Ronald L. Paquette, MD, discusses the choice of using bone marrow and stem cell transplants as treatment for patients with myelodysplastic syndrome.
Ronald L. Paquette, MD, clinical director of the Stem Cell and Bone Marrow Transplant Program at Cedars-Sinai Medical Center and Samuel Oschin Cancer Center, discusses the choice of using bone marrow and stem cell transplants as treatment for patients with myelodysplastic syndrome (MDS).
Stem cell transplant was primarily considered as an option for patients with higher-risk MDS due to the associated toxicities, while lower-risk patients would receive a hypomethylating agent, which is the standard of care. However, the risks associated with transplant have been reduced due to use of prophylaxis for chronic graft-vs-host disease, according to Paquette.
Even for older patients, 1-year survival rates with transplant are at approximately 90%, and transplant has advantages compared with the standard of care since it offers a chance of curing MDS. Patients who do not receive transplant must receive long-term therapy until it no longer offers benefit.
There are increased morbidities and risk of mortality with transplant recipients that could be avoided with hypomethylating agent therapy or chemotherapy, which is a concern in older patients, according to Paquette. In addition, it takes longer for older patients to recover from the transplant procedure than younger patients. More research into the effects of transplant on older patients could improve the availability of curative therapy to these patients.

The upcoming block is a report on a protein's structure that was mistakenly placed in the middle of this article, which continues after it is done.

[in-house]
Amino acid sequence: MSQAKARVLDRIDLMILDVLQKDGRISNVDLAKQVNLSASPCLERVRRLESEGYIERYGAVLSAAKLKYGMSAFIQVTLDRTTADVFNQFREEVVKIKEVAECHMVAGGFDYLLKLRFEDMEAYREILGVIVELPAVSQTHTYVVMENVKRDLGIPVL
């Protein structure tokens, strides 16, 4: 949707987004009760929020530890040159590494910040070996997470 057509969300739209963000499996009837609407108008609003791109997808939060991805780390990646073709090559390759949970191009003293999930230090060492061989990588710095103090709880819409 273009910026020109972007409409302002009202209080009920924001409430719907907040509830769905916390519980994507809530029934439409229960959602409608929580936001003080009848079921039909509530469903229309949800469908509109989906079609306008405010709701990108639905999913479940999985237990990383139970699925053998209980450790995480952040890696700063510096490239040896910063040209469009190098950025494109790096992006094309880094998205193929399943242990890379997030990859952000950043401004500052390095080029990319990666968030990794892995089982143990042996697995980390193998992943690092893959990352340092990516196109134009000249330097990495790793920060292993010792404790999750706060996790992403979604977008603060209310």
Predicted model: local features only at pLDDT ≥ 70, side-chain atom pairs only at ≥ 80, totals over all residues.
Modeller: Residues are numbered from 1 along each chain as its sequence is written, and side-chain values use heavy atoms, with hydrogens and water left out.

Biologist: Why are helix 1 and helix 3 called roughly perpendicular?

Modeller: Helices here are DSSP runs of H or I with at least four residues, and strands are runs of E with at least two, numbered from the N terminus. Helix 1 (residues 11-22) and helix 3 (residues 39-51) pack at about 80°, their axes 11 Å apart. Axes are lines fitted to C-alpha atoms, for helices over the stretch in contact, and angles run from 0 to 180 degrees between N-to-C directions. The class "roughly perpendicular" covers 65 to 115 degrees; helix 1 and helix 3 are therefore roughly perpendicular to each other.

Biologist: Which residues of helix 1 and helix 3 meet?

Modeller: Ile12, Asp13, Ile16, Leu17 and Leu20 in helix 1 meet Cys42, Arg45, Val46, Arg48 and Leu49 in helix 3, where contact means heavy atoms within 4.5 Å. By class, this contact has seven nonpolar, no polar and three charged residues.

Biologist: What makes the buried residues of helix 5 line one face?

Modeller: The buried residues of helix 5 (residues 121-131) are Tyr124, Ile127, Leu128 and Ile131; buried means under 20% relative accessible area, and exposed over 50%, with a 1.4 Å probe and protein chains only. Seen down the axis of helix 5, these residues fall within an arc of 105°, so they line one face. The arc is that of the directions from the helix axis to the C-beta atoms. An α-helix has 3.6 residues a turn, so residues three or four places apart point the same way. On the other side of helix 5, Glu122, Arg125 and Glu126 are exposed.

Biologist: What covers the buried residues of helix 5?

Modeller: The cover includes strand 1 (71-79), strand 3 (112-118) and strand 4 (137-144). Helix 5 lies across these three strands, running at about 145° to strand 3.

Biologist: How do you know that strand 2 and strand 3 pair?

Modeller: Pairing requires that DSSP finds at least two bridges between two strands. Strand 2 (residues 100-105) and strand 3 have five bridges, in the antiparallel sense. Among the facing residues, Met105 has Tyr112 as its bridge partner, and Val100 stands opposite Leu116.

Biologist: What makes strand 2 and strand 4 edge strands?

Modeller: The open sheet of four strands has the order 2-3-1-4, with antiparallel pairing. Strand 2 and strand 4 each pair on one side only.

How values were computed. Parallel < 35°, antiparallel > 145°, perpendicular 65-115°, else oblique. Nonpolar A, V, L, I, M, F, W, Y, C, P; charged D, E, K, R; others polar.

0:08 | There have been retrospective analyses in the past that suggested that transplant was suitable for patients only with higher-risk MDS. What's changed over time is that the risks associated with transplant have been progressively reduced. With 1-year survivors, even in older patients, [there were survival rates of] approximately 90%; that looks very attractive when you consider that the condition that you're treating is not curable. And since we only tend to transplant patients with high-risk disease, it looks like a very attractive option in comparison to receiving lifelong therapy until there's no longer a therapy available that offers any chance for continued benefit.
What’s the downside? The downside is that patients who go through transplant may have morbidity or mortality that they would be having with the transplant procedure that would be worse than if they're just getting standard-of-care therapy with a hypomethylating agent or hypomethylating agent combination. In elderly patients, I think that's an area where we still need to do more study. Although survival is quite remarkable, it takes older people longer to recover from the toxicities that are associated with the transplant procedure.